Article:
India exploring diplomatic options over Maldives crisis
NEW DELHI — Indian military intervention is one of the options available to New Delhi in response to the latest developments in the Maldives.
India is said to be exploring diplomatic ways to help resolve the deepening political crisis in the Maldives, where President Abdulla Yameen has ignored a Supreme Court order to release nine opposition members from jail.
Mr Yameen, who opposed the court order, has declared a 15-day state of emergency and detained Supreme Court Chief Justice Abdulla Saeed as well as another judge.
The president has accused the judges of being involved in a plot to oust him.
Opposition leader, Mohamed Nasheed, Mr Yameen’s predecessor who is in political exile in Sri Lanka, yesterday (Feb 6) appealed for Indian military intervention which analysts agreed was among the options available to New Delhi.
“India is exercising diplomatic pressure… That is one thing that is going on. If this is a coup-like situation, India can have a naval blockade but I think this is a very extreme step and I don’t think it will be taken,” said Professor S.D. Muni, a South Asia foreign policy expert. “Yameen is isolated (politically) and banking on his military. If there is a crack in the armed forces, then I think this is where diplomacy would come into play.”
The foreign ministry yesterday issued a statement saying India was “disturbed” by the latest developments in the Maldives.
India has intervened before in the archipelago, dispatching troops in 1988 at the request of then President Maumoon Abdul Gayoom to foil a coup that involved foreign mercenaries.
India casts a long shadow over the Maldives but strains in ties have emerged in recent years against the backdrop of a growing Chinese presence in the region.
India has given extensive economic aid to the Maldives and helped it develop infrastructure, including a telecommunications network. In 1981, the two countries signed a trade agreement under which India has to provide essential food items like rice, wheat flour, onions and eggs, as well as construction material like sand on favourable terms.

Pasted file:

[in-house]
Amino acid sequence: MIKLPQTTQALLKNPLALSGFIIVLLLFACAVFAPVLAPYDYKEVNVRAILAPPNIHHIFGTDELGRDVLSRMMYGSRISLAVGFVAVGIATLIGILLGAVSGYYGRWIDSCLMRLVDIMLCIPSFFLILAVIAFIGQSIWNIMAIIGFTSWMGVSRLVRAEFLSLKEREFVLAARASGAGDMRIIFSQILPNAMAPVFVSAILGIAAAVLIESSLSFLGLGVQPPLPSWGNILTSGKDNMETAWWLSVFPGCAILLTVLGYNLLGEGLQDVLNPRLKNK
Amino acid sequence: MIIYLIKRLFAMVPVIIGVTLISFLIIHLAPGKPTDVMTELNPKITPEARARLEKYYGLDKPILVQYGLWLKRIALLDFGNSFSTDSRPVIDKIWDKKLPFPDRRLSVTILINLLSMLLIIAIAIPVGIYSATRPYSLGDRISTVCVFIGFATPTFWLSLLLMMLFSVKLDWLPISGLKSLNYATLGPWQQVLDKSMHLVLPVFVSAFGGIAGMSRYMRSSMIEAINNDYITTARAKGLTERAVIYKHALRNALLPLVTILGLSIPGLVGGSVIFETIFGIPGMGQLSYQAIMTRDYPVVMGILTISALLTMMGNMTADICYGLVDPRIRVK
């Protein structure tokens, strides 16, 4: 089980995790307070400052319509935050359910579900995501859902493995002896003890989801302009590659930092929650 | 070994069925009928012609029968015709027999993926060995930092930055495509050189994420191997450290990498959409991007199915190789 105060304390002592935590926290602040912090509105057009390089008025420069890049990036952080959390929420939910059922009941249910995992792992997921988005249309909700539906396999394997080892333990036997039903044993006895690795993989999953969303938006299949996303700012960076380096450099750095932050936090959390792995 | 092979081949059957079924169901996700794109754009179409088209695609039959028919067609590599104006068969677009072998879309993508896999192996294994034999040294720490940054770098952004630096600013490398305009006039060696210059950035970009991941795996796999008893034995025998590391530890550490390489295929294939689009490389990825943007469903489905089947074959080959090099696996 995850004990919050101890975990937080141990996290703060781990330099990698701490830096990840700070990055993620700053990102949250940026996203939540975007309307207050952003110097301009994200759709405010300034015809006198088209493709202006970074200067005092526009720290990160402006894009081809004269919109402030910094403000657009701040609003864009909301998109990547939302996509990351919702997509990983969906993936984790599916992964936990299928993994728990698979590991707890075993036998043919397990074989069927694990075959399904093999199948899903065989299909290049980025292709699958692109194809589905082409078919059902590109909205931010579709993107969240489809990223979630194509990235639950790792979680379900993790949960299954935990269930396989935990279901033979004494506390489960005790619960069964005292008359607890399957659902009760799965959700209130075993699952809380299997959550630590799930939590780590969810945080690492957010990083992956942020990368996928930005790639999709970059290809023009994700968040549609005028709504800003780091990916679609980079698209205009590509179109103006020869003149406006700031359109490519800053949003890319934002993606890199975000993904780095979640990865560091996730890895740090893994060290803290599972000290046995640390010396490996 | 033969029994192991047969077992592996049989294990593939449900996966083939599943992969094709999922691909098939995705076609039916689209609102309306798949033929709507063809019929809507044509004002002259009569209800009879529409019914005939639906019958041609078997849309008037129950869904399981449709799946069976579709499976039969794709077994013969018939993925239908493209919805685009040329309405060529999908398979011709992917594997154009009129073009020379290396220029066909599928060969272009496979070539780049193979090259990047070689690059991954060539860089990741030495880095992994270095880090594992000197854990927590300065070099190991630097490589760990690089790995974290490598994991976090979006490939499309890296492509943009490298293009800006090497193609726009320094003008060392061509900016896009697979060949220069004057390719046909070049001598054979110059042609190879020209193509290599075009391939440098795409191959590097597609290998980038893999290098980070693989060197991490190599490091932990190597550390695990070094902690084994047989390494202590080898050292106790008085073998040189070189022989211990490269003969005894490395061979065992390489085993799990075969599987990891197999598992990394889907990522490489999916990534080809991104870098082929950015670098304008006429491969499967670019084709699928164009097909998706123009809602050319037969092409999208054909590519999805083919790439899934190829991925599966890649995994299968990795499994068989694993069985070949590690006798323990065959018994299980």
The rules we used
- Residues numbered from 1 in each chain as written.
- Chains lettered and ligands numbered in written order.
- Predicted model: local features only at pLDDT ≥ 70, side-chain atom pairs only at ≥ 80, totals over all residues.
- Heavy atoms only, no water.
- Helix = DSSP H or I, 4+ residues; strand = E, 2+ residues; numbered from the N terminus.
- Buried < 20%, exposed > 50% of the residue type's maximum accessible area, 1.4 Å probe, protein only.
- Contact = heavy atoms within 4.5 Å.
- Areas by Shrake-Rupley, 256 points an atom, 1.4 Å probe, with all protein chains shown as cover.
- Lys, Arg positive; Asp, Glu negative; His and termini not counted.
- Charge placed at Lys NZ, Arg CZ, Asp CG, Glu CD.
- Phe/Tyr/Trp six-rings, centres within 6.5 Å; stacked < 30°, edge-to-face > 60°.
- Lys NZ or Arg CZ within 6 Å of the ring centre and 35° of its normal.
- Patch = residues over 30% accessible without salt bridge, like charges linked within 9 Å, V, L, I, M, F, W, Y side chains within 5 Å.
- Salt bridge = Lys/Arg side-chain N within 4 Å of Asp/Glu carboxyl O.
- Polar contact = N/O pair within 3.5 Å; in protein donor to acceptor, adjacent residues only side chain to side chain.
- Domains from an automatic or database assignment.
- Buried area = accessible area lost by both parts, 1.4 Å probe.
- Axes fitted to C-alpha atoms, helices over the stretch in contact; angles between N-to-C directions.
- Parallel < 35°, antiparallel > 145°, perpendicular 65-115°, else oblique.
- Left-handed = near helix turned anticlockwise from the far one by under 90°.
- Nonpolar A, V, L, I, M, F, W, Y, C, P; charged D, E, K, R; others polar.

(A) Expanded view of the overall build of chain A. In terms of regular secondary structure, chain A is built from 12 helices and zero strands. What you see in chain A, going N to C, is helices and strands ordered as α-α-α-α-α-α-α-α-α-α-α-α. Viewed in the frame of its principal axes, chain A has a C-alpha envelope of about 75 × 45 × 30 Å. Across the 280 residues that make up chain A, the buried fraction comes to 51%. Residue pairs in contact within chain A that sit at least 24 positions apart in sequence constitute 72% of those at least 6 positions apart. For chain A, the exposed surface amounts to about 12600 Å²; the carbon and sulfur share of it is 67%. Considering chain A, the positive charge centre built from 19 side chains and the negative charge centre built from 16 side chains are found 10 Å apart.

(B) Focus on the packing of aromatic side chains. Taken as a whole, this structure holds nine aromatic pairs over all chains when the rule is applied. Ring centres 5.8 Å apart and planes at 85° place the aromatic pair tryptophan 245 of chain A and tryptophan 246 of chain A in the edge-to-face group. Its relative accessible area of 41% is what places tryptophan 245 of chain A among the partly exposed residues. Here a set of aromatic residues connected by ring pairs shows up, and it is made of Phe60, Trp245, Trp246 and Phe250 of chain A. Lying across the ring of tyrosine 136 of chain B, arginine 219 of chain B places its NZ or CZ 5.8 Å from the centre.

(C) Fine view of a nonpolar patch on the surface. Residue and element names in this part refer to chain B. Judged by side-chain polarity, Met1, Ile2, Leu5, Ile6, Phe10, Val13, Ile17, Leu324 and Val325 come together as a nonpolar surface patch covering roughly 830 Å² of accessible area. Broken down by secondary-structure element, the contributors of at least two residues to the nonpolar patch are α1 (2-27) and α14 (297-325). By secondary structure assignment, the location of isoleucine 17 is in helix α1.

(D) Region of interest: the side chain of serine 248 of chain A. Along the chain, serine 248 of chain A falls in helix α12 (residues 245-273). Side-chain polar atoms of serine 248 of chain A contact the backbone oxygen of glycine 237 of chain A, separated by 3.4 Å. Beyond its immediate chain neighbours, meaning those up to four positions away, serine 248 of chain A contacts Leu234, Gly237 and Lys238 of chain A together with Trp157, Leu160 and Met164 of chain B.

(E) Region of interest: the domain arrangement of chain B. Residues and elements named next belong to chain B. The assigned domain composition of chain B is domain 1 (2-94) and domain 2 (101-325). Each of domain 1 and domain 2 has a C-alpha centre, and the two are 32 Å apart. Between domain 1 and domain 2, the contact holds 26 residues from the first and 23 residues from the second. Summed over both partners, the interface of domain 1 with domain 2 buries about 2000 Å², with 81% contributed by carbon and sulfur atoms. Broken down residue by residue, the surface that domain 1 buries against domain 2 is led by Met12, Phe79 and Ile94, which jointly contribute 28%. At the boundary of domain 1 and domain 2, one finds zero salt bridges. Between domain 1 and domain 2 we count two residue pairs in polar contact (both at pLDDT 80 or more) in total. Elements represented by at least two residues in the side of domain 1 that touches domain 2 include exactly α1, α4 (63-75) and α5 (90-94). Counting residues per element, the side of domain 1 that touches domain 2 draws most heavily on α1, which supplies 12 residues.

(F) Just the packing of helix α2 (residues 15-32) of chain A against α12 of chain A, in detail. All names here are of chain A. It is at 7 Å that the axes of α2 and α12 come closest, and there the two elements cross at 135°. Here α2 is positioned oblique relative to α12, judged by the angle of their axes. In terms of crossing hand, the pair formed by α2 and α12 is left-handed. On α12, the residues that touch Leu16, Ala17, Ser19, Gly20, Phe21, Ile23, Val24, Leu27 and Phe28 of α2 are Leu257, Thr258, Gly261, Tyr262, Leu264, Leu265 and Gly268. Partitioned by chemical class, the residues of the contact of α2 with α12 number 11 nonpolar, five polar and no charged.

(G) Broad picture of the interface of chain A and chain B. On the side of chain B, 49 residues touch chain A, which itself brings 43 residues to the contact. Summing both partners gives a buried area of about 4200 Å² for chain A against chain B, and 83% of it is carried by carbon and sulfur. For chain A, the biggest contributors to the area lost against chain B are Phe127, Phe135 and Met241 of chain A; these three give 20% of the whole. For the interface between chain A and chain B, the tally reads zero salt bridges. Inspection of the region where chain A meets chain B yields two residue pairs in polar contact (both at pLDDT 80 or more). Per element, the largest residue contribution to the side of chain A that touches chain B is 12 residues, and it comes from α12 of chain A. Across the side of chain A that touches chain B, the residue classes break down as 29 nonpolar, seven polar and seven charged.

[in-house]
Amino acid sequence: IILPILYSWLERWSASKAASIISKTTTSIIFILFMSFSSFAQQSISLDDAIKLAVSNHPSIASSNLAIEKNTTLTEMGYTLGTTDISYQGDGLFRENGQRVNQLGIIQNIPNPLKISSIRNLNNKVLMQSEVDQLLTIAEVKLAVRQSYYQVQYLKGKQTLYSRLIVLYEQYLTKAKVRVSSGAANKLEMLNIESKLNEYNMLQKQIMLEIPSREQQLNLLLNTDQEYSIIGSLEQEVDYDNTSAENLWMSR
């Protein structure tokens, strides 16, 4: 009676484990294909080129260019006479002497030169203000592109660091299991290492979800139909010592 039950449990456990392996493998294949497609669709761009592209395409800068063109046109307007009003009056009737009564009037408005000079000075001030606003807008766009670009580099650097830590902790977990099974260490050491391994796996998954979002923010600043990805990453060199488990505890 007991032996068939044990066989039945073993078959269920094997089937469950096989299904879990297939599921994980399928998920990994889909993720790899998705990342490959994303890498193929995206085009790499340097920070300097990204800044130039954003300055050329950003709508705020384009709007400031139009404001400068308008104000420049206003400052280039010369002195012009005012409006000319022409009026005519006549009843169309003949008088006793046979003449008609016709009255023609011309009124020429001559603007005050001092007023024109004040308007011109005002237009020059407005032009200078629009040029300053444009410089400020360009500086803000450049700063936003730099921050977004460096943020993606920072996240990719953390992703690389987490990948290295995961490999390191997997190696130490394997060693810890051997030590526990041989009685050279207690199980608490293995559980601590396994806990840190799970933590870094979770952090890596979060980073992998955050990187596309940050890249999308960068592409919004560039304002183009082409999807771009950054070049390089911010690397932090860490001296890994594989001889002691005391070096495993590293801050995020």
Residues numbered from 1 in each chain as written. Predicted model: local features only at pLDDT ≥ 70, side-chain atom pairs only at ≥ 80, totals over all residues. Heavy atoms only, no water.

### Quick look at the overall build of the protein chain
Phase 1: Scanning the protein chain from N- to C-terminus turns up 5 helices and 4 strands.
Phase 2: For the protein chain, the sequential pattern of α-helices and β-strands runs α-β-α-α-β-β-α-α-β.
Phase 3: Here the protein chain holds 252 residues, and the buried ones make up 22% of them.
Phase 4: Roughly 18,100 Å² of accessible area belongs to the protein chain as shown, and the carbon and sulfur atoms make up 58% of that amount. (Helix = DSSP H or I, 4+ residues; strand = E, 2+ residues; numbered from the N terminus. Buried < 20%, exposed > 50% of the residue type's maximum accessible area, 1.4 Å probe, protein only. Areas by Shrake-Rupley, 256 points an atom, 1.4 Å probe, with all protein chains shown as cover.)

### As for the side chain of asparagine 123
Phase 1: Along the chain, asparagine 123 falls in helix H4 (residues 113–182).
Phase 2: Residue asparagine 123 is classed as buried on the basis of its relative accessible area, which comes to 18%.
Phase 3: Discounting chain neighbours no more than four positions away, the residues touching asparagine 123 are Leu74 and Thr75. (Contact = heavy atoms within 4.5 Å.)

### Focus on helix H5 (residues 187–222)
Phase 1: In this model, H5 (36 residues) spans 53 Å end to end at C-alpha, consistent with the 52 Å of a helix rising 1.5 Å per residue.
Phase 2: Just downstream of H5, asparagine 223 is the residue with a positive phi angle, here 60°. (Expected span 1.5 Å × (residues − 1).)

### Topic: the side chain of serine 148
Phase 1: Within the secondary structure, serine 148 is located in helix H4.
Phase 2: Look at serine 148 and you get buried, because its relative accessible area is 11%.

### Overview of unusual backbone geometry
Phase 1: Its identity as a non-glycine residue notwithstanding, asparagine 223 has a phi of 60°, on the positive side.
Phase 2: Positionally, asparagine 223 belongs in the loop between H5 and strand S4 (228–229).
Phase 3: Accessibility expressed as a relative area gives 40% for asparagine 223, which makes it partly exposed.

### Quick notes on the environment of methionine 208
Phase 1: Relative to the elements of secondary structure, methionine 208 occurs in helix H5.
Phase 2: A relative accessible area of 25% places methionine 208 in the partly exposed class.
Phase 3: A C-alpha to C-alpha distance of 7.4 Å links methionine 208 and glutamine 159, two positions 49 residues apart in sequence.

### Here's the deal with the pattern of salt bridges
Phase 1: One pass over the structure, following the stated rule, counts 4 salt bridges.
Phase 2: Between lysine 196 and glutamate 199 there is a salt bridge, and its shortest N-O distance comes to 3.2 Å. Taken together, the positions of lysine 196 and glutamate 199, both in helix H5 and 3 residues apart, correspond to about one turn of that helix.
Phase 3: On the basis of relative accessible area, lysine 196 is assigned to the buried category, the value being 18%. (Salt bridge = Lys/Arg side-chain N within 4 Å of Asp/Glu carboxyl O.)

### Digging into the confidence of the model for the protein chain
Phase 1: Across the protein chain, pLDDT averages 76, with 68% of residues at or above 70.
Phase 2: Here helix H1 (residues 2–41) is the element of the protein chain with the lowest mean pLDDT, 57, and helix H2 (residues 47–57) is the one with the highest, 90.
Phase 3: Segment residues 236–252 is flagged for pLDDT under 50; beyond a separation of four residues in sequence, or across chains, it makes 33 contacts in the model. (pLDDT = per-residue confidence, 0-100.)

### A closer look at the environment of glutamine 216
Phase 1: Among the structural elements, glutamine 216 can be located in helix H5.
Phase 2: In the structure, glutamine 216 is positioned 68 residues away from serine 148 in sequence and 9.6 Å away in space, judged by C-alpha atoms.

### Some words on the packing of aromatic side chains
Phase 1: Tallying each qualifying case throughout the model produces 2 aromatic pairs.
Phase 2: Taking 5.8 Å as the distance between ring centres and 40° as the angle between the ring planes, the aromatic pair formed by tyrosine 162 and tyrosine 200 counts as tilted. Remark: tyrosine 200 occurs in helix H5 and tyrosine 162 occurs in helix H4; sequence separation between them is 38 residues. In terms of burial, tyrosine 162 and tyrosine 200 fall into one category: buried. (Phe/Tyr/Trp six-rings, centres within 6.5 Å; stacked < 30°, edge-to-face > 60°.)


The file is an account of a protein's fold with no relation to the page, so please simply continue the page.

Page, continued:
Trade ties have ballooned in recent years, almost doubling from US$127.5 million to US$206.6 million (S$273 million) in five years from 2010.
There are 22,000 Indian nationals in the Maldives, mostly workers and professionals, according to the Ministry of External Affairs in Delhi.
Yet in recent years, Mr Yameen has been cultivating ties with China, signing a free trade agreement with Beijing late last year despite promising that the island’s first one would be with India. Last month, Mr Yameen reaffirmed the India-first policy and sent his foreign minister to Delhi to repair ties.
Some believe India’s ability to maneuver in the current crisis may be hampered by China.
“We have no good option. We can apply some pressure points here and there. But they could do something in defiance with China in the maritime domain,” said former foreign secretary Kanwal Sibal.
Another former foreign secretary Lalit Mansingh said India was in a “diplomatic dilemma” and risked losing face as a regional power in the event of a prolonged crisis in the tourist haven.
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